‘Get it in writing from Shiv Sena’: Ashok Chavan on how Sonia Gandhi decided
Senior Congress leader and a minister in the Uddhav Thackeray-led government, Ashok Chavan, admitted that party president Sonia Gandhi was against the party joining ranks with the Shiv Sena in Maharashtra.
Chavan, a former chief minister, further added that the state party leadership had to impress upon the party president to agree to join the government in Maharashtra after the BJP and Sena could not reconcile their differences.
Detailing how the alliance came about, Chavan, who is the PWD minister, said that the party president asked the state Congress leaders to get a written assurance from the Sena that the Maha Vikas Aghadi (MVA) alliance will work in line with the constitutional scheme.
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Chavan, while speaking at an event to launch MVA’s ambitious project Rs 10 thali for the poor on Republic Day in Nanded, said that the three parties came together to keep the Bharatiya Janata Party (BJP) out of power.
“Our party leadership in Delhi was not very keen on joining hands with the Shiv Sena and was sceptical about the different ideologies the parties follow. The leadership raised questions about potential differences which could arise while running the three-party government. Party president Sonia Gandhi even asked us to take it in writing from the Sena that it would work within the constitutional framework,” he said.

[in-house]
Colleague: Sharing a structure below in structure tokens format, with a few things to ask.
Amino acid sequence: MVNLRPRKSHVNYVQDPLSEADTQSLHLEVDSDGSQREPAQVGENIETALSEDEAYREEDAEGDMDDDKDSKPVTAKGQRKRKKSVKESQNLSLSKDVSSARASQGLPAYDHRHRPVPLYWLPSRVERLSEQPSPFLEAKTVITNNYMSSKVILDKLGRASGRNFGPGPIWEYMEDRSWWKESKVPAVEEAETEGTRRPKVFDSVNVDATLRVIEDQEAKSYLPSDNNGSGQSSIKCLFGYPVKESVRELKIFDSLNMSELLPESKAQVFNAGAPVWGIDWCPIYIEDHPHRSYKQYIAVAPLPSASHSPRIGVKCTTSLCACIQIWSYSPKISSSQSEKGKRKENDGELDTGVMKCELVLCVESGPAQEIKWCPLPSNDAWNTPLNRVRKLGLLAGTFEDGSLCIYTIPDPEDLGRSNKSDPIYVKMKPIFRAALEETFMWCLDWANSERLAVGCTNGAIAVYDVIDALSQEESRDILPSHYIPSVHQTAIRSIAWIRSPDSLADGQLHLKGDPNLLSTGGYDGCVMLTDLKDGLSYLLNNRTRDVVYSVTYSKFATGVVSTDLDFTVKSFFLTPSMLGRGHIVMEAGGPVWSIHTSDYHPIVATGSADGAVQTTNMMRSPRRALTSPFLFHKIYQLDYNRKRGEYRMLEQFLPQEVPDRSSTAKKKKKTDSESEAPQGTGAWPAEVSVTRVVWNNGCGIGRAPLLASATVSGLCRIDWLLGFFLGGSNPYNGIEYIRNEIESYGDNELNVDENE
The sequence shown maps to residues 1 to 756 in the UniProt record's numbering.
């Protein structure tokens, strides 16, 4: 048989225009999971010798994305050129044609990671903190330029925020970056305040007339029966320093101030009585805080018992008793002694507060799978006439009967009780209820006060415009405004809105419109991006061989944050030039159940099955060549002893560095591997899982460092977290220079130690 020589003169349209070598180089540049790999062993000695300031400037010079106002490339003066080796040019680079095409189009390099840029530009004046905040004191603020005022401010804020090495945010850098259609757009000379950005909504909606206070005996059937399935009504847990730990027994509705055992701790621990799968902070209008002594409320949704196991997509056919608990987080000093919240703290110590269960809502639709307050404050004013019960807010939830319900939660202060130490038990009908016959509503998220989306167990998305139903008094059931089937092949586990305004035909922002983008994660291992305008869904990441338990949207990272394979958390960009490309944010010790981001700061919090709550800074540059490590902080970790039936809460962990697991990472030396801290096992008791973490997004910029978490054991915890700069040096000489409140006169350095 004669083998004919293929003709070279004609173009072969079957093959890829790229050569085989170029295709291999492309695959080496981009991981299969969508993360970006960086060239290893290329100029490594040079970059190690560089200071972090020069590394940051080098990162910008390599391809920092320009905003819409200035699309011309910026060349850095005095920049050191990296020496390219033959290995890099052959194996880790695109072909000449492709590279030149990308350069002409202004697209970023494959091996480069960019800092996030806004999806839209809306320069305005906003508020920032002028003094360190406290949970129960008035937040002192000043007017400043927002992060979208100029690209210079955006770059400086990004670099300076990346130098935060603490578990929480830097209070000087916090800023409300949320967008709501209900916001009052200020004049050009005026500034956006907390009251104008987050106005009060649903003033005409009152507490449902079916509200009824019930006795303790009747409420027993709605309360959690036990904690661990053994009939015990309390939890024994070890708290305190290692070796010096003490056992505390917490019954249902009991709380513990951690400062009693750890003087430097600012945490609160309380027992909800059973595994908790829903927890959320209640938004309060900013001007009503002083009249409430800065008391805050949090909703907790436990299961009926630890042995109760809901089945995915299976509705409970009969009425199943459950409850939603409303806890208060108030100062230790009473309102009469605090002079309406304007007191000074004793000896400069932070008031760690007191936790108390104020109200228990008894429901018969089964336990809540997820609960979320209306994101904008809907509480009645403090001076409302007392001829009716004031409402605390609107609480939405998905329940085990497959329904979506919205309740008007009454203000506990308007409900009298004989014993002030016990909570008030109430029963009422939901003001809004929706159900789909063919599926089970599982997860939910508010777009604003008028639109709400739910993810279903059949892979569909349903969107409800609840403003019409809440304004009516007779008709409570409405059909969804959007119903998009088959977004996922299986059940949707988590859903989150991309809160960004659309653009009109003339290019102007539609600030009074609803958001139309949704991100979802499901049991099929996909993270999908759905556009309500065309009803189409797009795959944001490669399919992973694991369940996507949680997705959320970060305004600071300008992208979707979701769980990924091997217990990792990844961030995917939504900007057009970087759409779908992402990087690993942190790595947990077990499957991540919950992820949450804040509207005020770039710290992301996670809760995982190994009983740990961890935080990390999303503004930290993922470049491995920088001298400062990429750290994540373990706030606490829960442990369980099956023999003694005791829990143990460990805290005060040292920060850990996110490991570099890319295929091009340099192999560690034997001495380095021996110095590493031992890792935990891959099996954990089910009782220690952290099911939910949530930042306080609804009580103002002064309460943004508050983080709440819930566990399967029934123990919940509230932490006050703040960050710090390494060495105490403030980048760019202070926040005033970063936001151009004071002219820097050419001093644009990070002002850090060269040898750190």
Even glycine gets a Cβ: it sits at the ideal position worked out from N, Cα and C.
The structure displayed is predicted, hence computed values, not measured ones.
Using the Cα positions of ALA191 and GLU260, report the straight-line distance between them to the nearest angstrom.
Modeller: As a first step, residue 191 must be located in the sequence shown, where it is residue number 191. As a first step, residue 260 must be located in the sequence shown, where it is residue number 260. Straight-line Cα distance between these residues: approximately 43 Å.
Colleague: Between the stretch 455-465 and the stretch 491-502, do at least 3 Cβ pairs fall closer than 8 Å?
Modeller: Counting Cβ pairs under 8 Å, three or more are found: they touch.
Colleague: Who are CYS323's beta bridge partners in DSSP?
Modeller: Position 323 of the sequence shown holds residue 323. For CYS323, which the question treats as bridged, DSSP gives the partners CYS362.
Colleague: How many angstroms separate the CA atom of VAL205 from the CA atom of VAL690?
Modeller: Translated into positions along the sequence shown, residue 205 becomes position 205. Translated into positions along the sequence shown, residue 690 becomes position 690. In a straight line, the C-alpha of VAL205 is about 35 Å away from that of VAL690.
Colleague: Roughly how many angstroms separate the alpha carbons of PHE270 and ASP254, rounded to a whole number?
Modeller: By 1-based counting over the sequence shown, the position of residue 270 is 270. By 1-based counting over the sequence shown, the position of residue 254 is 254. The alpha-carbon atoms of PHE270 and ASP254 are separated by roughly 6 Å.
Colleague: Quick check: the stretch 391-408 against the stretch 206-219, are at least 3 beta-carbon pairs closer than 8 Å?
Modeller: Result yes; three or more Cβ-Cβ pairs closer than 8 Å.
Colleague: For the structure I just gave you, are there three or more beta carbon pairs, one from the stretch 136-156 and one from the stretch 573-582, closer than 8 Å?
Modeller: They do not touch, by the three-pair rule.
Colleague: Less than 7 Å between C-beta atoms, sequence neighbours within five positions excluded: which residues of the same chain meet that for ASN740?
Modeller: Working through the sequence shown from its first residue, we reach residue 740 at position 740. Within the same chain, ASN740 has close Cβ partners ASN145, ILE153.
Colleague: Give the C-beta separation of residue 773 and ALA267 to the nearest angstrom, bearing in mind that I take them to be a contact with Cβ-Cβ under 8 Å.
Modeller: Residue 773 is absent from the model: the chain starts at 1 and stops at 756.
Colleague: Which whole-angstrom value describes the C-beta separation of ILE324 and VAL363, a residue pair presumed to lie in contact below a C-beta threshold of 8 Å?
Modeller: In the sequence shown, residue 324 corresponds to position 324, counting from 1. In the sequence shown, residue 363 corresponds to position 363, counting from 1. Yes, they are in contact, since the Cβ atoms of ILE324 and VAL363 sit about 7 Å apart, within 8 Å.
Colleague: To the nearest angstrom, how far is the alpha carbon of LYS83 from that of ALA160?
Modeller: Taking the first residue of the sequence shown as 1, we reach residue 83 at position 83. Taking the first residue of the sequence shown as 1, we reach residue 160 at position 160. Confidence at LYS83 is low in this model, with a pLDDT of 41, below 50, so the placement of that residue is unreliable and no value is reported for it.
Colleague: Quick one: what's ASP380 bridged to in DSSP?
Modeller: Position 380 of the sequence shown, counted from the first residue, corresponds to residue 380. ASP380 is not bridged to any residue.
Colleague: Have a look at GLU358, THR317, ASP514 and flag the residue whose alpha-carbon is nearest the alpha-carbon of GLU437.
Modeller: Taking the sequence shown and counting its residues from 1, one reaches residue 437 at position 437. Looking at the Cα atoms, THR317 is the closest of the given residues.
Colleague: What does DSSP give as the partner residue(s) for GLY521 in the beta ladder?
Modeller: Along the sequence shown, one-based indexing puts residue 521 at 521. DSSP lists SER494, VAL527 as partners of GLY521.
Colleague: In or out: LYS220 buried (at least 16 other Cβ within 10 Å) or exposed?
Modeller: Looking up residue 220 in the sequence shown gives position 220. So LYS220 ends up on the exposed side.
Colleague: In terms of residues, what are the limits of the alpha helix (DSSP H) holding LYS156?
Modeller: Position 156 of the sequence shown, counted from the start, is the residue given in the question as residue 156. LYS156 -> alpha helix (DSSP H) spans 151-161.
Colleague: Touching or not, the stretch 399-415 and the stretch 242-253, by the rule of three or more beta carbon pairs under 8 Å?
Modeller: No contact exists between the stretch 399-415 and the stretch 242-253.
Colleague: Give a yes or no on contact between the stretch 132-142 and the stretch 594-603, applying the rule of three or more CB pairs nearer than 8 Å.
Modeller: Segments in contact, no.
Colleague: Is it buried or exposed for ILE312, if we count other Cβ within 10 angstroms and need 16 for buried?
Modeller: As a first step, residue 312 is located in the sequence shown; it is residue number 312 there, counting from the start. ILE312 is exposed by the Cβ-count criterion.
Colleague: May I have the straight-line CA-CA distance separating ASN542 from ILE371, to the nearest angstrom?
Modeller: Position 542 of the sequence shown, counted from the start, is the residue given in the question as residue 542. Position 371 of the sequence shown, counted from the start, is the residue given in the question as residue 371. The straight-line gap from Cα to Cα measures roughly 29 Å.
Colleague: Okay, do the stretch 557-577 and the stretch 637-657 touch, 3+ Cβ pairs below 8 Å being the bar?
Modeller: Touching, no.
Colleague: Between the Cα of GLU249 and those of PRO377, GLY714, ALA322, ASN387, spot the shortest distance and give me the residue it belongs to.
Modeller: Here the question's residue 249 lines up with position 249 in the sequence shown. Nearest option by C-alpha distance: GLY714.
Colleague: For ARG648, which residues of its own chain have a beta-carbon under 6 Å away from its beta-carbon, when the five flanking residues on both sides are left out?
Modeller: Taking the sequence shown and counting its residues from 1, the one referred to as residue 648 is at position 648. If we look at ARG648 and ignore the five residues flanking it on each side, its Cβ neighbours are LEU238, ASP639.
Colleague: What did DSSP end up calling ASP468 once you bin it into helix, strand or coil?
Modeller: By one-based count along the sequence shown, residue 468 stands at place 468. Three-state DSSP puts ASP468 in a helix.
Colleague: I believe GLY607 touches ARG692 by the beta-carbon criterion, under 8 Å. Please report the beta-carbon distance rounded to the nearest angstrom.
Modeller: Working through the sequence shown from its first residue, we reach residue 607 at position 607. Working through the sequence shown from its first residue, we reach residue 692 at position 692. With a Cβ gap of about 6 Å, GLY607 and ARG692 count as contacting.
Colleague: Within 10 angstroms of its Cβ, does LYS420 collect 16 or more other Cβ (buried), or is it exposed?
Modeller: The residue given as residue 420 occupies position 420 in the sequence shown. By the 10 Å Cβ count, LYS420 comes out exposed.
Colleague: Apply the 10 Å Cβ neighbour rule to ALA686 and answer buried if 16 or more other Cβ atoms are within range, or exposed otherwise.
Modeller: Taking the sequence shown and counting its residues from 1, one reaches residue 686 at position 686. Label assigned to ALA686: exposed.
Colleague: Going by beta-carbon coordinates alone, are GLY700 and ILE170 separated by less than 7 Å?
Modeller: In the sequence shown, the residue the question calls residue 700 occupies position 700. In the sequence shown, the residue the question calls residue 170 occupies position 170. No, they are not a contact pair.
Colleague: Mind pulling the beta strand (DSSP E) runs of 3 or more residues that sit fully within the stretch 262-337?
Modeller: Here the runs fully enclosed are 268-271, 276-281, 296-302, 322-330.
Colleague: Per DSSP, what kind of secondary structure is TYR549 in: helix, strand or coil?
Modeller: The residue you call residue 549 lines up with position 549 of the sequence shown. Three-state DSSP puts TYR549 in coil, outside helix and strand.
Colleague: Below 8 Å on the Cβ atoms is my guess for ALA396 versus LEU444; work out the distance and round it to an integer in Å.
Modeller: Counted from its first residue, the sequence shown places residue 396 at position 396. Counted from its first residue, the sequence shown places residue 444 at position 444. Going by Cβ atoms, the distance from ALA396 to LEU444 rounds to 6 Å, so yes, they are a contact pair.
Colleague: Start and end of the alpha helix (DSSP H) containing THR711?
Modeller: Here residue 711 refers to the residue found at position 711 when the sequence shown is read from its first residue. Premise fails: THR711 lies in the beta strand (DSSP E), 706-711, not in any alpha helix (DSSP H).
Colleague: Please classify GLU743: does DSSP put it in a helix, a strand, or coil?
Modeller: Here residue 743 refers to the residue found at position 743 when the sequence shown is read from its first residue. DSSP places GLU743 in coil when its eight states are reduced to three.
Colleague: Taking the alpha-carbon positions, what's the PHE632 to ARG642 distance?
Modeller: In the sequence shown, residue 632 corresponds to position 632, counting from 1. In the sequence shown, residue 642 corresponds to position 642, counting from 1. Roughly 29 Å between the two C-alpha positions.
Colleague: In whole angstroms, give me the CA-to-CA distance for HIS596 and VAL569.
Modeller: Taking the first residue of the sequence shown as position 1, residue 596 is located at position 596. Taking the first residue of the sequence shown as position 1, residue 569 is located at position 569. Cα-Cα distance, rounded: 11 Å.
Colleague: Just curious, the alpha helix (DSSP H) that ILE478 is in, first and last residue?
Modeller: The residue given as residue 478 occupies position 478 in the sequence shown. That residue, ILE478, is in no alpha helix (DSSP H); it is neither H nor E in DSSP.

Chavan also underlined that the minute the alliance violates the constitutional framework, the Congress will walk out of the government. Chavan said that chief minister Uddhav Thackeray has assured the party that it will follow the principle of secular governance.
Chavan also said that the Congress joined the government just to keep the BJP out and on the insistence of the Muslim community. He said that the party would not support Citizenship Amendment Act (CAA).
According to party leaders, the Common Minimum Programme (CMP), prepared by three parties — Shiv Sena, Nationalist Congress Party and Congress — has the agreement of the parties to work within the confines of the constitutional framework.
Congress leaders say that the CMP was an agreement to live up to the secular ideals of government and there was no separate agreement between the Congress and the Shiv Sena.
The CMP, however, has not not prevented the two parties from differing with the other publically over the past two months.
The Shiv Sena had initially supported the Citizenship (Amendment) Bill in the Lok Sabha which was opposed by the Congress. After the Congress expressed its concerns, the Sena leadership changed its stand and abstained from voting in the Rajya Sabha. The Sena has been strongly backing the Hindutva ideologue Veer Savarkar, while the Congress’ stand on Savarkar not to Sena’s liking.